Should it be legal to force employees to remove their hijab? European courts think so.
This week, Global Comment editors are reading about women in fracking country, the French election, Muslims in America, and conditions in Syria.
The rapid expansion of the surveillance state should be cause for concern; even if you have nothing to hide.
Muslim women in the United States are living in fear after the election. Sarah Ghanem argues that it’s time to defiantly embrace their identity.
From the burkini ban to the 1920s ‘modesty police’, it’s always been political.
Islamophobia from pundits aside, the world of Islamic fashion is growing steadily, and has much to offer to Muslimahs and non-Muslims alike.
If France manages to fight Muslim extremists without antagonizing its Muslim population, it wins.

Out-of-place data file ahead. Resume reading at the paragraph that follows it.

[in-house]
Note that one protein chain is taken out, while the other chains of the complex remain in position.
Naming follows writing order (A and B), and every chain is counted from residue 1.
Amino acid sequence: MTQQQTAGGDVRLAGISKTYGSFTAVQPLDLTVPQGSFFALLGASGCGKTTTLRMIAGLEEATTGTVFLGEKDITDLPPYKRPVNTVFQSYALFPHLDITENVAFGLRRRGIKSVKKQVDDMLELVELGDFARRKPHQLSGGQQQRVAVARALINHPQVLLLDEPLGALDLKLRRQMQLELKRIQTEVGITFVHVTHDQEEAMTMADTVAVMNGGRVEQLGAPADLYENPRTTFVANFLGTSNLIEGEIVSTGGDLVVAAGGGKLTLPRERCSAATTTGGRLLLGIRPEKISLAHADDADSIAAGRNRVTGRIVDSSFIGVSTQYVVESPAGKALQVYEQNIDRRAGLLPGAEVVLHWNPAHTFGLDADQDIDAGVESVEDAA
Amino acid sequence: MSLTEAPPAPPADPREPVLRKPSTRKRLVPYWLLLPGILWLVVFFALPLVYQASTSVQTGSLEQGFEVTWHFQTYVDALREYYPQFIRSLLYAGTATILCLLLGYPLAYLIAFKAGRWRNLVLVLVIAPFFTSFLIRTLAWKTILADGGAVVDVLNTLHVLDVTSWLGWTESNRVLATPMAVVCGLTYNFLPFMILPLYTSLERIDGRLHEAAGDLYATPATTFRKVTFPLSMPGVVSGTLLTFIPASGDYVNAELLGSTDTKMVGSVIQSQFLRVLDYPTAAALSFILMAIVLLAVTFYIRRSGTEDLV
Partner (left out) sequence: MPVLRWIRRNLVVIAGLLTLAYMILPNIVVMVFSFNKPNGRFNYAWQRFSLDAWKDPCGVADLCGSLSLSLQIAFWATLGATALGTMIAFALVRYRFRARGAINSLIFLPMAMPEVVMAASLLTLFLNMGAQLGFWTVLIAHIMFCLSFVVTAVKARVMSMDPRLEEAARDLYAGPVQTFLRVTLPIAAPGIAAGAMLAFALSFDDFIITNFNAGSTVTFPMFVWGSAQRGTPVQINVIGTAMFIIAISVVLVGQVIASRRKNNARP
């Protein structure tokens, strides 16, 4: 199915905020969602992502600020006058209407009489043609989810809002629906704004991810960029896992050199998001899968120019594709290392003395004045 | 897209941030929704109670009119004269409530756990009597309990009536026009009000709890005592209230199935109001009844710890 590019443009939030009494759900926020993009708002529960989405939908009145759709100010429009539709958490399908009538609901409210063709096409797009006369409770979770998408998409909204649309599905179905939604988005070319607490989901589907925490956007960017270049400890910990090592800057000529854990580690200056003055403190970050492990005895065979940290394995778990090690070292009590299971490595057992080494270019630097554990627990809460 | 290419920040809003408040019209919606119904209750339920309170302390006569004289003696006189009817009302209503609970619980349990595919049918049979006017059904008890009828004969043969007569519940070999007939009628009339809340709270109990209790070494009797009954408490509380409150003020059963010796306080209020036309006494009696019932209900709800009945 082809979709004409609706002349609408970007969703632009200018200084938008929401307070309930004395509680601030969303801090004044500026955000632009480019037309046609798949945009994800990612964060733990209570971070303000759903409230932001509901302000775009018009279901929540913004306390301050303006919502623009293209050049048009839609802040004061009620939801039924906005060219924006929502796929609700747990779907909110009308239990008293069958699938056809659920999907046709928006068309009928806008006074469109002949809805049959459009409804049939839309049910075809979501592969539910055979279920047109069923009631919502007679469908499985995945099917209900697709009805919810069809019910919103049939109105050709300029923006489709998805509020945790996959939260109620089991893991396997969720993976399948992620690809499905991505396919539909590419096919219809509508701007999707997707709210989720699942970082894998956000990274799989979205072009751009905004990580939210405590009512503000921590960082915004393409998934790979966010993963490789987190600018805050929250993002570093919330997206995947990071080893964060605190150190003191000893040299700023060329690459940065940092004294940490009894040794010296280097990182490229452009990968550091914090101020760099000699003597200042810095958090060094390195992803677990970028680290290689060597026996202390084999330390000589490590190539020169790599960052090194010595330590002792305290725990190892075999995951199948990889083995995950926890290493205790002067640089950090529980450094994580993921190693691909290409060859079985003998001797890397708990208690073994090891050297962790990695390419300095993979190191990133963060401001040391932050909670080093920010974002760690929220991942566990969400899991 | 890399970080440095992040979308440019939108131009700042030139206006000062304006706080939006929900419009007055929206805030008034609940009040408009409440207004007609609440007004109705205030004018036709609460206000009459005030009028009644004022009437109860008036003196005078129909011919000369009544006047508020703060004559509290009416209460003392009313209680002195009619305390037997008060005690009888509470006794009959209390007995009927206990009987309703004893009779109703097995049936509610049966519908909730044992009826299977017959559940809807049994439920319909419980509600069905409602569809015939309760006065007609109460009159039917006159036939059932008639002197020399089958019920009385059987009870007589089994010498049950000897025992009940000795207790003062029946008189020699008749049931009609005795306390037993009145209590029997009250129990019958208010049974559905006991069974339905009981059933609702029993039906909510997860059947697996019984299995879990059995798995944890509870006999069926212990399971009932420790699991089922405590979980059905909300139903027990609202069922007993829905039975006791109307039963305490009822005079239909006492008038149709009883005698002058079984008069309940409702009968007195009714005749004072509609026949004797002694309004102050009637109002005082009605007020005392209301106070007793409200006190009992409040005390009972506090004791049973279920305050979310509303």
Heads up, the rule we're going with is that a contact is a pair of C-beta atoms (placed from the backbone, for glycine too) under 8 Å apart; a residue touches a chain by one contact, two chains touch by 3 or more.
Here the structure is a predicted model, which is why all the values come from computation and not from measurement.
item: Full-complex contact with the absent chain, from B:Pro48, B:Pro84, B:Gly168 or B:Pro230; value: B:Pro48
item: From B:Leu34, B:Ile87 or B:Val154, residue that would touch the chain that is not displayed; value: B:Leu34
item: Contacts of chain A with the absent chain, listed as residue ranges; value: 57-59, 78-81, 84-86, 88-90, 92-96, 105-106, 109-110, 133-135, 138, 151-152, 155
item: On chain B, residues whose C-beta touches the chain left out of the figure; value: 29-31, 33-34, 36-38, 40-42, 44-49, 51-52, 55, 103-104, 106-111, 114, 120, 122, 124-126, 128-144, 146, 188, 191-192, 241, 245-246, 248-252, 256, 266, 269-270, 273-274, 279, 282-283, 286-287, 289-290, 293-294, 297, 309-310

France is left with a sticky precedent of a cultural faux-pas that resonates of rampant xenophobia.
Herein lays the troubling thing about the politics of Homeland: It isn’t simplistic American triumphalism. In fact, it presents itself as liberal peacenik propaganda, but it’s being more than a little disingenuous about that.
I am sick and tired of the “debate” over the burqa ban. The issue at stake is not the burqa. It is Islamophobia; as per usual, the war of cultural values is being fought on the battleground of women’s bodies.